Fitting Quality Into Your Process

Central to successfully using any QA pattern is knowing where quality concerns might fit into your process and the removal of any physical and organizational impediments that prevent you from taking action.

Pattern Name Description
Break Down Barriers
Tear down the barriers between QA and the rest of the development team. Work towards engaging everyone in the quality process.
Integrate Quality
Incorporate QA into your process including a lightweight means for describing and understanding system qualities.

Identifying Qualities

An important but difficult task for software development teams is identifying the important qualities (non-functional requirements) for a system. Quite often system qualities are overlooked or simplified until late in the development process, thus causing time delays due to extensive refactoring and rework of the software design required to correct quality flaws.

Pattern Name Description
Find Essential Qualities
Brainstorm the important qualities that need to be considered and list them for inclusion on the product roadmap.
Agile Quality Scenarios
Create high-level quality scenarios to examine and understand the important qualities of the system.
Quality Stories
Create stories that specifically focus on some measurable quality of the system that must be achieved.
Measureable System Qualities
Specify scale, meter, and values for specific system qualities.
Fold-out Qualities
Define specific quality criteria and attach it to a user story when specific, measurable qualities are required for that specific functionality.
Agile Landing Zone
Define a “landing zone” that defines acceptance criteria values for important system qualities. Unlike traditional “landing zones,” an agile landing zone is expected to evolve during product development.
Recalibrate the Landing Zone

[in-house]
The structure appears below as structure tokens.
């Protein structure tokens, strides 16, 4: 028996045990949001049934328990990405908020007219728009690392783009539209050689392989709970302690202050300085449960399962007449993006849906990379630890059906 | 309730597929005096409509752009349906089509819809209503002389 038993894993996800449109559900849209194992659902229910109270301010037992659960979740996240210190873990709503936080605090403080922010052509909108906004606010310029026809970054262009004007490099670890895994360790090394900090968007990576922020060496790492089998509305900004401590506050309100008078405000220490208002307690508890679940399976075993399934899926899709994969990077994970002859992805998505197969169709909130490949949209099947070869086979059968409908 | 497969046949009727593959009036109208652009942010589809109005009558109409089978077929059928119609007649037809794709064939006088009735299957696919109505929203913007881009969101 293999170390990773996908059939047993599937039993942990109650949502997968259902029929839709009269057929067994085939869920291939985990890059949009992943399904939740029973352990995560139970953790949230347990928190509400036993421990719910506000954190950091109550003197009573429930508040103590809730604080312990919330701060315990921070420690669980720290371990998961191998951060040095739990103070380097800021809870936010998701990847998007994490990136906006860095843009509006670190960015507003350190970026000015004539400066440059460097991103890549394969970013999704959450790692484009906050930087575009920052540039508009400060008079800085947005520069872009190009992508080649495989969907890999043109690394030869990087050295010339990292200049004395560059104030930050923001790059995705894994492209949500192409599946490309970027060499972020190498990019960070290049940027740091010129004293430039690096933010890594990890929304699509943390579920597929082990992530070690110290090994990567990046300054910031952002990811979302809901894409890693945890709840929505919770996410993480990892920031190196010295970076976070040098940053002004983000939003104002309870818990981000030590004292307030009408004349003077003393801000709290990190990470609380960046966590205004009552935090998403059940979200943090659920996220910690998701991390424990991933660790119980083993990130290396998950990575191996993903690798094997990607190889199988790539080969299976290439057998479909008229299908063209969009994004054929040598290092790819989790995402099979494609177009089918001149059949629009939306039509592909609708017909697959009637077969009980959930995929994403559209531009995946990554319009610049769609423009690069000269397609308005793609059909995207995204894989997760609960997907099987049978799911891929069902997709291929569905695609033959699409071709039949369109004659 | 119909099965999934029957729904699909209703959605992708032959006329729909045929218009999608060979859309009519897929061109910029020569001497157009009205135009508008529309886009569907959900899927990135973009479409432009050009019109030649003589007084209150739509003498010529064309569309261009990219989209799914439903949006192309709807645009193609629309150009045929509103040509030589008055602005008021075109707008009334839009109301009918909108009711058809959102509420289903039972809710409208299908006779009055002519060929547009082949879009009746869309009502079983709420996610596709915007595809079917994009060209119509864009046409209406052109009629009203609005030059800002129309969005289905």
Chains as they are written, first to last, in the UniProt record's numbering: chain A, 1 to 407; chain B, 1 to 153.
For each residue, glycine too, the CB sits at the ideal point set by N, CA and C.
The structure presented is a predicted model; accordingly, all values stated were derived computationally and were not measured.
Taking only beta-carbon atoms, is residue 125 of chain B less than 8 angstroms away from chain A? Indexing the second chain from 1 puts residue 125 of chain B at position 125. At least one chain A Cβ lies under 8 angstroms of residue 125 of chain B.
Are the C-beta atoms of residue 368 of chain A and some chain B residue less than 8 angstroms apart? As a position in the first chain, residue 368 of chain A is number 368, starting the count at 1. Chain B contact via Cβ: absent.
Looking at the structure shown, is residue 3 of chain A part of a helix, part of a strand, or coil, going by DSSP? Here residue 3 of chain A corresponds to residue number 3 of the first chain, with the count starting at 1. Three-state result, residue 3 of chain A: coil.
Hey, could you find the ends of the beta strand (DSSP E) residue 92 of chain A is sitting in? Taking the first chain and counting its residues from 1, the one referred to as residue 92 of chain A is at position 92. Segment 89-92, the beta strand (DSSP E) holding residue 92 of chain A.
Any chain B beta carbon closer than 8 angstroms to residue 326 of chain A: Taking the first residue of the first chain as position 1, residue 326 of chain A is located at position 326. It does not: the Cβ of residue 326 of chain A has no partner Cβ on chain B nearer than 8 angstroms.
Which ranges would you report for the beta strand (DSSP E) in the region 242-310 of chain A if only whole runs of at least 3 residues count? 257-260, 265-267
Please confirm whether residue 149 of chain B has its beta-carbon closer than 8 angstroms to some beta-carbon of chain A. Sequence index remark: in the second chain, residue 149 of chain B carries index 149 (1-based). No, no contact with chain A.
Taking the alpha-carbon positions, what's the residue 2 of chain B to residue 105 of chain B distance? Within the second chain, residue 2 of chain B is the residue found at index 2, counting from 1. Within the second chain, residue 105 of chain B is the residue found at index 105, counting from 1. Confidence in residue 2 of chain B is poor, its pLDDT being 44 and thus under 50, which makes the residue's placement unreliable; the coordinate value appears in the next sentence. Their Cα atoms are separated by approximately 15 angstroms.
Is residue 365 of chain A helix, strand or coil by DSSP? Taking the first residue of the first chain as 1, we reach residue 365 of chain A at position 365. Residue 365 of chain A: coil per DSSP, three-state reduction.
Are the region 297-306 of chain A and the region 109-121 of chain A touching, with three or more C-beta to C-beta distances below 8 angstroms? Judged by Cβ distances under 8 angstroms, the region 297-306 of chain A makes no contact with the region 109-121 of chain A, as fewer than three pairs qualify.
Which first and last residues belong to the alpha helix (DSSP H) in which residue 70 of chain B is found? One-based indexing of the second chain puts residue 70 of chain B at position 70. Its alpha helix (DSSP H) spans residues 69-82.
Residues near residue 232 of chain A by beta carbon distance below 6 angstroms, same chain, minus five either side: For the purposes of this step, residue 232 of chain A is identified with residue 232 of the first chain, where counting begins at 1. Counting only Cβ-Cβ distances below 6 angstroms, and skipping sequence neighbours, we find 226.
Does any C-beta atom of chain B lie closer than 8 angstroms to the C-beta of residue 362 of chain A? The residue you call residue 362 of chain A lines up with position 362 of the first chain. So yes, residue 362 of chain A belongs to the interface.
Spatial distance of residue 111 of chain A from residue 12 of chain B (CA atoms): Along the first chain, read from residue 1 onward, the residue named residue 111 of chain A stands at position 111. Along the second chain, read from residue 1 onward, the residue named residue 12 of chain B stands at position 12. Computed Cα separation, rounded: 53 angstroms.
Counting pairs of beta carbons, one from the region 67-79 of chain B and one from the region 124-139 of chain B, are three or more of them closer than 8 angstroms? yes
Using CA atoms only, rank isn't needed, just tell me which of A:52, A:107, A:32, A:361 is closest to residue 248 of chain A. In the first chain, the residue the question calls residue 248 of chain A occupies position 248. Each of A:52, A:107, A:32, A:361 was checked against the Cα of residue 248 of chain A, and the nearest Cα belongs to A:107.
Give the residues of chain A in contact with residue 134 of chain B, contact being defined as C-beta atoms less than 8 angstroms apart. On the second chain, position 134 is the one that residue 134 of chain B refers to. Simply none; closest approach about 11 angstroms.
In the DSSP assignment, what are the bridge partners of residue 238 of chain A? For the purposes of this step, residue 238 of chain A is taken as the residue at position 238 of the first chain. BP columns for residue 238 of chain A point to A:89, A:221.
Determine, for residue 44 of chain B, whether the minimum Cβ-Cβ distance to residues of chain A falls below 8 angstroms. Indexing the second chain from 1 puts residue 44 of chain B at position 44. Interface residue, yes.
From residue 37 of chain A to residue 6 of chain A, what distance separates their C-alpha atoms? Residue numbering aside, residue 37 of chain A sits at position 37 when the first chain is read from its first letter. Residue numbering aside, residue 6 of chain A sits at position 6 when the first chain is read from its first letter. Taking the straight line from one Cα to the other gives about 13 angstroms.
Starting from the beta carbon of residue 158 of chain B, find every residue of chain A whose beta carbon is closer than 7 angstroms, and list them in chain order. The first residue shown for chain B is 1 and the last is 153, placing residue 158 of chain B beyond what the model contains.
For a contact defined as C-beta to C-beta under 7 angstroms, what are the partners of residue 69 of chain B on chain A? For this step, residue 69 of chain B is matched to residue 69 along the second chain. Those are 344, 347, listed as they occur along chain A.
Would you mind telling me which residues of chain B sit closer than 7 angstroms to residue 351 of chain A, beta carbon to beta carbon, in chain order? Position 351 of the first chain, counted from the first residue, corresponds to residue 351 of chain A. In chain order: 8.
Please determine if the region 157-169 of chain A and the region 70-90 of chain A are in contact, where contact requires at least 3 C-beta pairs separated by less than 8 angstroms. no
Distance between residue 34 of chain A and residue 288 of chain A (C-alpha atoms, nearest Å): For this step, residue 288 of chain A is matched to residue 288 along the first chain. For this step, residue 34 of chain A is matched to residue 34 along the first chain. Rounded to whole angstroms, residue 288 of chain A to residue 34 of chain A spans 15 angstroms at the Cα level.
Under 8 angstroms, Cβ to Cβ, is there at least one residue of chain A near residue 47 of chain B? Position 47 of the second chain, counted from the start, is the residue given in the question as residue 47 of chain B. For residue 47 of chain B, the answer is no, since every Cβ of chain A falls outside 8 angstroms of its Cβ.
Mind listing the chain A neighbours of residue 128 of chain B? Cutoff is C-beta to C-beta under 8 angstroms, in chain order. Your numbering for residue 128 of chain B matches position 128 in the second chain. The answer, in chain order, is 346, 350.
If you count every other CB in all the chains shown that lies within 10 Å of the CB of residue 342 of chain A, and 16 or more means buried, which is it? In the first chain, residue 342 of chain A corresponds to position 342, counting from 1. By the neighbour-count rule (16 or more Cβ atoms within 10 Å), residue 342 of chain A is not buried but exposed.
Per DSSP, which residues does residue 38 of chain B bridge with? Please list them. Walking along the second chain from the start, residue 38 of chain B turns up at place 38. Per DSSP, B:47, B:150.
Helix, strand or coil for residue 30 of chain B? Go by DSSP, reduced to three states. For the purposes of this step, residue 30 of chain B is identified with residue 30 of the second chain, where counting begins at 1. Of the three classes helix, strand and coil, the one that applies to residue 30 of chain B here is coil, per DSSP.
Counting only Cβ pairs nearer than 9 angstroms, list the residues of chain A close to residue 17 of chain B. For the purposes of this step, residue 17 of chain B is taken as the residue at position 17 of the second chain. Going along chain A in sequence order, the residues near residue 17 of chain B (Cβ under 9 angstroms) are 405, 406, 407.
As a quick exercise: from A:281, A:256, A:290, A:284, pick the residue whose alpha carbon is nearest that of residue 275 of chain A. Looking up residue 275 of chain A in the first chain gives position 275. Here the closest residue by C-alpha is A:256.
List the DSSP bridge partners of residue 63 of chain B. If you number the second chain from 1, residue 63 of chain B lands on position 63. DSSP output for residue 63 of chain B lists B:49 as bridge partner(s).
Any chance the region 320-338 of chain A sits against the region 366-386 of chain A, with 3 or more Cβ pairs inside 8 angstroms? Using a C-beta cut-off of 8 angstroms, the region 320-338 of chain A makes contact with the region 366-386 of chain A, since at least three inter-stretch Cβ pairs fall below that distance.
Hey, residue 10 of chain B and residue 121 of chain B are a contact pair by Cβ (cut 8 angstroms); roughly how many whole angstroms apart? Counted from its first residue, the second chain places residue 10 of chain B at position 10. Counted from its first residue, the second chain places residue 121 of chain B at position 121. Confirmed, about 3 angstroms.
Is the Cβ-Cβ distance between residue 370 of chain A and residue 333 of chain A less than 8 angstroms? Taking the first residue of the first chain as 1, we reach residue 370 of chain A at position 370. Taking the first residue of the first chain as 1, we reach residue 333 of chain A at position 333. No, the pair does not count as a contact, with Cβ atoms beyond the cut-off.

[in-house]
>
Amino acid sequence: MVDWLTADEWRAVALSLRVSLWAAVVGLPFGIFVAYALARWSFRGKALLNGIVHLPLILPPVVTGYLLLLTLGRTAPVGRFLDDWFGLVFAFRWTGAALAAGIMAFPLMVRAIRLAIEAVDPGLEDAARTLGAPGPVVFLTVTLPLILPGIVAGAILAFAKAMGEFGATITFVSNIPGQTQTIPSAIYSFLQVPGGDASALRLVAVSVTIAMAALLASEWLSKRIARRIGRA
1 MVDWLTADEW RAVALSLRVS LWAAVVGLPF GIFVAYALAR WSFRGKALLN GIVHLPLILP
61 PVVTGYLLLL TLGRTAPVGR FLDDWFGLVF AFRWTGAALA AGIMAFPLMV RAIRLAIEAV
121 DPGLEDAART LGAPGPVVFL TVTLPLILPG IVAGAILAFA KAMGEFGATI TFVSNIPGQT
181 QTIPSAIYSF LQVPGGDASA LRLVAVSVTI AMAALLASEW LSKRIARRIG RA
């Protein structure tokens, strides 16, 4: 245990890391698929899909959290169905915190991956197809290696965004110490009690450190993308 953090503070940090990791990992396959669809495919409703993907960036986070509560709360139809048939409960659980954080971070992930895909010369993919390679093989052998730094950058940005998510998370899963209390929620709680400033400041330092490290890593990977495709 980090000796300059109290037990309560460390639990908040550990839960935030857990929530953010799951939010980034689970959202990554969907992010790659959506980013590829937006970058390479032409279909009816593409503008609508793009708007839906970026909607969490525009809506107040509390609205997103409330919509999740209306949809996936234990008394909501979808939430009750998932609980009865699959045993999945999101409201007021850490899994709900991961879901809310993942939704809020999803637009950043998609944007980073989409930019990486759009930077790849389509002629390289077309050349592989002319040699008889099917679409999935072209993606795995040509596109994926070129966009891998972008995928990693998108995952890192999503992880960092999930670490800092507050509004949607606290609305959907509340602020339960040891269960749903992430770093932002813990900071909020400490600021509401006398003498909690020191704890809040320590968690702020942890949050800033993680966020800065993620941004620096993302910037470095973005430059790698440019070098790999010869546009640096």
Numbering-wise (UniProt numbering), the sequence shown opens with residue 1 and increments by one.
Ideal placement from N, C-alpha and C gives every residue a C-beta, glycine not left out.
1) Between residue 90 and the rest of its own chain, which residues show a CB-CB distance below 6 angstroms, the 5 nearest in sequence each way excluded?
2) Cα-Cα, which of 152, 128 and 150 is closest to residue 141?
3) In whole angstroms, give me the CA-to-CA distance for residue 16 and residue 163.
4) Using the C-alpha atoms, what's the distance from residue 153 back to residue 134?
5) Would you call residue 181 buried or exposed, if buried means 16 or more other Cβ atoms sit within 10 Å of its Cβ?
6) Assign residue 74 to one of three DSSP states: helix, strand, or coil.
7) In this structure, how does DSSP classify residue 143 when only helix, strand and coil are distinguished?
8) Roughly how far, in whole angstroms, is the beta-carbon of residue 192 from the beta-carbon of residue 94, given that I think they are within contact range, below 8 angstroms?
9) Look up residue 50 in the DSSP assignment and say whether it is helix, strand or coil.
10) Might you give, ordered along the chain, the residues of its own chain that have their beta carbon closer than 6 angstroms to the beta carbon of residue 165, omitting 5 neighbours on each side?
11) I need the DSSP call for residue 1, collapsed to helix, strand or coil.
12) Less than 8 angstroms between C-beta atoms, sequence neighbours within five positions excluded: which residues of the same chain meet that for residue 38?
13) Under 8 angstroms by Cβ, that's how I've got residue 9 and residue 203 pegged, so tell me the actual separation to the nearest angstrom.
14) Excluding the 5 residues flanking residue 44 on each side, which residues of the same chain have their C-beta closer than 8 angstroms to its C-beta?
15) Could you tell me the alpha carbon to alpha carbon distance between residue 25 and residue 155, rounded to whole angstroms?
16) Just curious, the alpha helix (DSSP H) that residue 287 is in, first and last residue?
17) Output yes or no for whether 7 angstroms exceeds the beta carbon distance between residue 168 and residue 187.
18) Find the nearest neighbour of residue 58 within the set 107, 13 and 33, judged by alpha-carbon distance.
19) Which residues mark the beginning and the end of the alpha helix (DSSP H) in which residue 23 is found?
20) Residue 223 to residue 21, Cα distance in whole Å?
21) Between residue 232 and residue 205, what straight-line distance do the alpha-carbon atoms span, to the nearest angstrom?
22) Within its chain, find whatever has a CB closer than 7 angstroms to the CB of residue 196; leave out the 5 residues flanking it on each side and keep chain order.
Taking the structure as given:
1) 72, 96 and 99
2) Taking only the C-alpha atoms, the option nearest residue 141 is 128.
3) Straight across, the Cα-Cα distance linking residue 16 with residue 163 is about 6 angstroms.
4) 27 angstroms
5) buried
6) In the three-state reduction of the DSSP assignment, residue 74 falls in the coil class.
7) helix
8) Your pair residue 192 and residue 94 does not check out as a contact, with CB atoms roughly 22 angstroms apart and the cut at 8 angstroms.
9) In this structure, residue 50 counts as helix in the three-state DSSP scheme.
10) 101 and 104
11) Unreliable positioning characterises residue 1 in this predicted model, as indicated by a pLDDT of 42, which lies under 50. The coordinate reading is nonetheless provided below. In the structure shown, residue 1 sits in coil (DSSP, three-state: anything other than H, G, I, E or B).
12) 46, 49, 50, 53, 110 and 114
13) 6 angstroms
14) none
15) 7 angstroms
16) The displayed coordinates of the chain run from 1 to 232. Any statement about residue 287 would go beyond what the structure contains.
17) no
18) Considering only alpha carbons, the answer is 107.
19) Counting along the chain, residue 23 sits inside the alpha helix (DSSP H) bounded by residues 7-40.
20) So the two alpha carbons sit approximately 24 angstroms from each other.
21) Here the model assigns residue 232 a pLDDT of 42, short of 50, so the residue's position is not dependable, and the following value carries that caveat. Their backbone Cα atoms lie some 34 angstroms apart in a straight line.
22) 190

Readjust landing zone values based on ongoing measurements and benchmarks.
Agree on Quality Targets
Define landing zone criteria for quality attributes that specify a range of acceptable values: minimally acceptable, target and outstanding. This range allows developers to make tradeoffs to meet overall system quality goals.

Making Qualities Visible

It is useful for team members to be aware of important system qualities and have them readily available. This can be done through quality radiators, similar to what Alistair Cockburn describes in making any information radiator—visible tangible things that keep people’s attention. Quality radiators, just like other information radiators need to change and get adjusted and have new and changing information otherwise they become wallpaper [Co].

Pattern Name Description
System Quality Dashboard
Define a dashboard that visually integrates and organizes information about the current state of the system’s qualities that are being monitored.
System Quality Radiator
Post a display that people can see as they work or walk by that shows information about system qualities and their current status without having to ask anyone a question. This display might show current landing zone values, quality stories on the current sprint or quality measures that the team is focused on.
Qualify the Roadmap
Examine a product feature roadmap to plan for when system qualities should be delivered.
Qualify the Backlog